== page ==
I had a short time-frame to work on the illustrations – a little over three months from thumbnails to final art. It was a really difficult schedule, and I pulled more all-nighters over that time than my 5 years in college combined. But it was an important lesson for me in getting to know what kind of time frame I need in order to do my best work.

Can you tell us a little bit about Little Pickle Press?

LPP is an independent publisher founded by Rana DiOrio and based out of San Francisco. They specialize in socially and environmentally conscious stories, and print their books with eco-friendly inks and materials, which I was really excited about. You can learn more about them at

Are you represented by an agent? If so, who?

I’m thrilled to say that I recently accepted Jennifer Rofé of Andrea Brown Literary as my agent. I was able to meet with her in person and felt instantly that she would be an amazing agent and will help me take my work to the next level.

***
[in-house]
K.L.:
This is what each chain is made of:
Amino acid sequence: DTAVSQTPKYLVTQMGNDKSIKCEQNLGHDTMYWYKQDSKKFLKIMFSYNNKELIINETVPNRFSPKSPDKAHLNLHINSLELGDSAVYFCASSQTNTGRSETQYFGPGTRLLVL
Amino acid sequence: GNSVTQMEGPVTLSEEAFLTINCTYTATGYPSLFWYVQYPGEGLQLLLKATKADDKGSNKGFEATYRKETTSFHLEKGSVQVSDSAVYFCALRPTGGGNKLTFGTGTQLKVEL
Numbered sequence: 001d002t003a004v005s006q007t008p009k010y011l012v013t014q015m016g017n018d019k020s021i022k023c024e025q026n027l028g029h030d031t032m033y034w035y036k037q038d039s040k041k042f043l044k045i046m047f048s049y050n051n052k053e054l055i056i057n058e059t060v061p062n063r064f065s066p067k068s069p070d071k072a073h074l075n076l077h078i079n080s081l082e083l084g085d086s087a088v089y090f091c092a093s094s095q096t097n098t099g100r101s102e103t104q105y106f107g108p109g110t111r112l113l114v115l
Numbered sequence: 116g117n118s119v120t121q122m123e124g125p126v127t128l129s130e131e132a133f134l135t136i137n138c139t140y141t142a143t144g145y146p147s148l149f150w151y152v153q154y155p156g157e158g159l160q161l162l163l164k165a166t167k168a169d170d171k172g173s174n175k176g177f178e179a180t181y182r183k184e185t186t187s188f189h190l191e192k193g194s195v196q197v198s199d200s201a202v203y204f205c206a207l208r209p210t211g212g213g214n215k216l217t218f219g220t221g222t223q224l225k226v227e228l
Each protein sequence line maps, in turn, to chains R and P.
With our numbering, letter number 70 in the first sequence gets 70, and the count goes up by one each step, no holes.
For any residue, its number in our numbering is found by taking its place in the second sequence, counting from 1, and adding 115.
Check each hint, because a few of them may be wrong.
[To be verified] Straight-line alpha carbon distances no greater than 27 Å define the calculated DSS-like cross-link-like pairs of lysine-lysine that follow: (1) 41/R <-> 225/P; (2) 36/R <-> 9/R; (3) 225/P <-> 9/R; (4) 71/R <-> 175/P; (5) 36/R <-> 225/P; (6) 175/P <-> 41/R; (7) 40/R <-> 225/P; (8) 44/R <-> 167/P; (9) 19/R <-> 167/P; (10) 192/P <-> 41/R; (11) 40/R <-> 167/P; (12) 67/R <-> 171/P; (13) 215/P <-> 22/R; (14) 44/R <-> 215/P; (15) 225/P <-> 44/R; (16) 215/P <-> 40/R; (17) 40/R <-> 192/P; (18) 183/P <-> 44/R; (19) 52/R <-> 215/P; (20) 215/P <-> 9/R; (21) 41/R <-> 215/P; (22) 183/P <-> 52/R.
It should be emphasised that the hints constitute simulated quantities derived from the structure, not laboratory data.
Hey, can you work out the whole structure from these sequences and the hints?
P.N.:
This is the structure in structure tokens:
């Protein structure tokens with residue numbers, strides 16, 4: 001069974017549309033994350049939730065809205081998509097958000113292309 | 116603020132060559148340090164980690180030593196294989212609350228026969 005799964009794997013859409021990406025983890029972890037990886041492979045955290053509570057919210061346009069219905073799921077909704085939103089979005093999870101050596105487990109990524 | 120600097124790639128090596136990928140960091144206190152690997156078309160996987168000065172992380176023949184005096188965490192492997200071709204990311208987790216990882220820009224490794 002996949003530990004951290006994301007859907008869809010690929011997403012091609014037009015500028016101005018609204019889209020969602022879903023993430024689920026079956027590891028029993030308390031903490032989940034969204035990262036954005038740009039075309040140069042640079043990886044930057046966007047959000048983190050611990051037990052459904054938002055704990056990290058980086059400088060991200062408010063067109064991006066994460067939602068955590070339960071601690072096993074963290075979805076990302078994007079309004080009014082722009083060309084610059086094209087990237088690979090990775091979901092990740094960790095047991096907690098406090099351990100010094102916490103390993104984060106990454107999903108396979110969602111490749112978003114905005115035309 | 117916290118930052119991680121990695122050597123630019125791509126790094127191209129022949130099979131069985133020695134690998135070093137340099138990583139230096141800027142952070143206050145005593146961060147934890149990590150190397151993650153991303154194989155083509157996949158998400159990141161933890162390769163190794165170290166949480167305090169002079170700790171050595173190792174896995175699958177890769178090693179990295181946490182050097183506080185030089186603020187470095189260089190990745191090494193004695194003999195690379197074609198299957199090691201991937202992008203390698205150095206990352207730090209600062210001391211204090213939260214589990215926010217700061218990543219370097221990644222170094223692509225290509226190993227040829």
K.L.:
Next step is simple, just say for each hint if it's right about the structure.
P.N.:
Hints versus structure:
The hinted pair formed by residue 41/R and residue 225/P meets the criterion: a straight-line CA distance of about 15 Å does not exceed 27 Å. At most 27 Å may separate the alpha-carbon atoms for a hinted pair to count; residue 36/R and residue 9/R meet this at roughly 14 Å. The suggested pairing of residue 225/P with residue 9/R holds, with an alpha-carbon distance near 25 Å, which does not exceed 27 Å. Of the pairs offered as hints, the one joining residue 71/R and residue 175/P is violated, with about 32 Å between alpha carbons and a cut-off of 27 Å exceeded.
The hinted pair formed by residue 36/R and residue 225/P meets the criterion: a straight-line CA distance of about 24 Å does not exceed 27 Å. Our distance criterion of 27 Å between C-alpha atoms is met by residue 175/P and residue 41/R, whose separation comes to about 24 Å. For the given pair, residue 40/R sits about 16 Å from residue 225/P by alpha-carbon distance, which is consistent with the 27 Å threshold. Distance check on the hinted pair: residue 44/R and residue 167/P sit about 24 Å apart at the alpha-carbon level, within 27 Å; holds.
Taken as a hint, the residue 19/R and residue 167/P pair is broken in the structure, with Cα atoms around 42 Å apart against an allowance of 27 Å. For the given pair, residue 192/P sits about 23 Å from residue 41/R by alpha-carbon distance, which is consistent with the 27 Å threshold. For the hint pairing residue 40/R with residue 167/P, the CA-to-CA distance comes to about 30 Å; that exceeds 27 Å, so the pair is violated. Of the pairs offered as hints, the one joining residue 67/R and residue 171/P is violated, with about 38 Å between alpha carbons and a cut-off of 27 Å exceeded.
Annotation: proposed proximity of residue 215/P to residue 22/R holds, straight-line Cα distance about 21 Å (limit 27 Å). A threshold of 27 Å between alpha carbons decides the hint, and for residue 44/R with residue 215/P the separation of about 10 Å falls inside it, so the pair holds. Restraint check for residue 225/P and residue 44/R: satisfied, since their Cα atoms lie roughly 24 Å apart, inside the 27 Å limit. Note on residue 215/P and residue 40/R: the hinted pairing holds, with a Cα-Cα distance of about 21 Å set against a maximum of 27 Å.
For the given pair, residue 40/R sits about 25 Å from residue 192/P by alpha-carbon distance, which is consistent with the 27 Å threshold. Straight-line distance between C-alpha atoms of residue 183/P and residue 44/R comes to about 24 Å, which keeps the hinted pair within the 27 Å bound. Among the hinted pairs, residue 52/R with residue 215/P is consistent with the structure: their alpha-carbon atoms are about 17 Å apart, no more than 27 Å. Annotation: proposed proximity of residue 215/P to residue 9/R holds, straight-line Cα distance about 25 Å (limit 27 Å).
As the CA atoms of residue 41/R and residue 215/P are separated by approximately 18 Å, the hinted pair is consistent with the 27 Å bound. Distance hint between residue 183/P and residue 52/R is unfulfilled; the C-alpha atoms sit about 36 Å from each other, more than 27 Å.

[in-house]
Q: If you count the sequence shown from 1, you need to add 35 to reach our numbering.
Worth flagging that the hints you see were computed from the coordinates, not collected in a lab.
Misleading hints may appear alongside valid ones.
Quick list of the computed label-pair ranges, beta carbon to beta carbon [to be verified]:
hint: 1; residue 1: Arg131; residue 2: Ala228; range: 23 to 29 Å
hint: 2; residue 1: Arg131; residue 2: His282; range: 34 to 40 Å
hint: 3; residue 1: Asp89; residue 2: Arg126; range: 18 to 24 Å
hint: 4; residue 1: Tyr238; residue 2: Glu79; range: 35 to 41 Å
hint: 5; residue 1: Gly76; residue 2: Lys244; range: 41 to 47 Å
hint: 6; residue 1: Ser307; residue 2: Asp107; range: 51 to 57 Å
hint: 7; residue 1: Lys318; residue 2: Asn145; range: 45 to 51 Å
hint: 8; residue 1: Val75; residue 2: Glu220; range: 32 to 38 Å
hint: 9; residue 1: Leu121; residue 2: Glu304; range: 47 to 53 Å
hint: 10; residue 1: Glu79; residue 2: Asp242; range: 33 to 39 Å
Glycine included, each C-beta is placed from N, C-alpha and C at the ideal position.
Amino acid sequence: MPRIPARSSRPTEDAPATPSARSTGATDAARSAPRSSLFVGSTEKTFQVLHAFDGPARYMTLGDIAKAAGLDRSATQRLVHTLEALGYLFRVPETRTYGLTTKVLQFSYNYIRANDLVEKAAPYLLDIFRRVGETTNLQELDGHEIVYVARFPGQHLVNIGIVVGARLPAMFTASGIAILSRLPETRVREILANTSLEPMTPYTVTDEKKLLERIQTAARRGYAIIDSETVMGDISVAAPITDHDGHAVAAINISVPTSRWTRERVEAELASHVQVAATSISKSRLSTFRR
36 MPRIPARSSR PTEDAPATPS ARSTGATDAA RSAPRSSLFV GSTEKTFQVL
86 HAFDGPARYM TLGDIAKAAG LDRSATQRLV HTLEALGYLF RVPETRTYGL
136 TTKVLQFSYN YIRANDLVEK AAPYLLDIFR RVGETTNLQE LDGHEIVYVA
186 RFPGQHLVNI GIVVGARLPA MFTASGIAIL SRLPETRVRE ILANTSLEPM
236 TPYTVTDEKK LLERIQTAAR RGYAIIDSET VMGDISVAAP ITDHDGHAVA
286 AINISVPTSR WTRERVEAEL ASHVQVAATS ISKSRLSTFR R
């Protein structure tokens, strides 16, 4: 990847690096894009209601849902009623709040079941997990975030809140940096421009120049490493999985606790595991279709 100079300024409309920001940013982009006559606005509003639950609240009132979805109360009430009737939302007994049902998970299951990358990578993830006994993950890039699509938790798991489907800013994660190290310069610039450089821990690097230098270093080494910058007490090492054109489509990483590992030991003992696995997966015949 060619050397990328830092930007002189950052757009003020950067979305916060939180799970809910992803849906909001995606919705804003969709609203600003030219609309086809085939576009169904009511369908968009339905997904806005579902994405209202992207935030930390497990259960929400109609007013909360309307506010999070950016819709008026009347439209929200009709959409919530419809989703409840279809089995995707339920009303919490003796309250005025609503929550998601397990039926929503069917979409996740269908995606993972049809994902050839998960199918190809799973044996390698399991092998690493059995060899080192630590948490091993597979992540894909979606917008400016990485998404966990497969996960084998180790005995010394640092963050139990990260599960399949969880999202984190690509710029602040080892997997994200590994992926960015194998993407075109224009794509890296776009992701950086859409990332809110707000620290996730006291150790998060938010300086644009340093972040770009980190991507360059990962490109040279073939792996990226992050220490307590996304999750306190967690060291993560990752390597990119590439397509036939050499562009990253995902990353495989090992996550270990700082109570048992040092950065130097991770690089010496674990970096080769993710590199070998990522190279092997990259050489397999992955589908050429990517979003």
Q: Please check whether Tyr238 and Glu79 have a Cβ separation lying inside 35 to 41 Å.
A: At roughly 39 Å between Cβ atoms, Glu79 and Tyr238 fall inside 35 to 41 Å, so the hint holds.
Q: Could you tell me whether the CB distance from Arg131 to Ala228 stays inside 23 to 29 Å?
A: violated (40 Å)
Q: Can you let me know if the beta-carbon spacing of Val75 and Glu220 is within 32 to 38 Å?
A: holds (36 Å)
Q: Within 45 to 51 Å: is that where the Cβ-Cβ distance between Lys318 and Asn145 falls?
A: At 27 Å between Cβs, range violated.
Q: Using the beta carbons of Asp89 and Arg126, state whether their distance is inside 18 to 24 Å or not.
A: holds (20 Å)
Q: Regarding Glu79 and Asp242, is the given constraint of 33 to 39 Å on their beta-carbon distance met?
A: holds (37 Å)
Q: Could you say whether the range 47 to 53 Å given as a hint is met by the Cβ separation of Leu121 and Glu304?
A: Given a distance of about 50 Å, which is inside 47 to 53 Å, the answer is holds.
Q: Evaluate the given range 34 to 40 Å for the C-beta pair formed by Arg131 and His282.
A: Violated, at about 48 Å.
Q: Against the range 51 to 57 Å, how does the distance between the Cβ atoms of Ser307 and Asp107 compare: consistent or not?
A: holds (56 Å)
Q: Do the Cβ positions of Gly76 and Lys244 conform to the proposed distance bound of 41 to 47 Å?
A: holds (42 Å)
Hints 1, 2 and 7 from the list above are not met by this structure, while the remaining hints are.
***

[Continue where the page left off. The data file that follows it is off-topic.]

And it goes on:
Do you have a studio?

I have a work-space set up in the corner of my studio apartment, which I share with my husband. We both work from home, so it can feel “cozy” but we make it work. Luckily watercolors don’t require an obscene amount of space, and trying to stay organized helps. < Note that I said “trying”.

Any daily routine?

I tend to keep a 10-6 working schedule, and try my best to keep my nights and weekends work-free (depending on up-coming deadlines). I used to have an anything goes kind of schedule and it really burnt me out. It’s hard when working from home to separate work and free time, but necessary in order to refresh and be as productive as possible.

Any marketing things that you have done that has helped you get additional work?

So far I’ve gotten all my work through SCBWI contacts by going to their conferences and displaying my portfolio in the showcase. I can’t say enough what SCBWI has done for me! I think I would be totally invisible if not for them, or at the very least it would have taken me twice as long to get where I am now. Other than conferences, I’m going to start sending promo postcards and mailers a few times a year.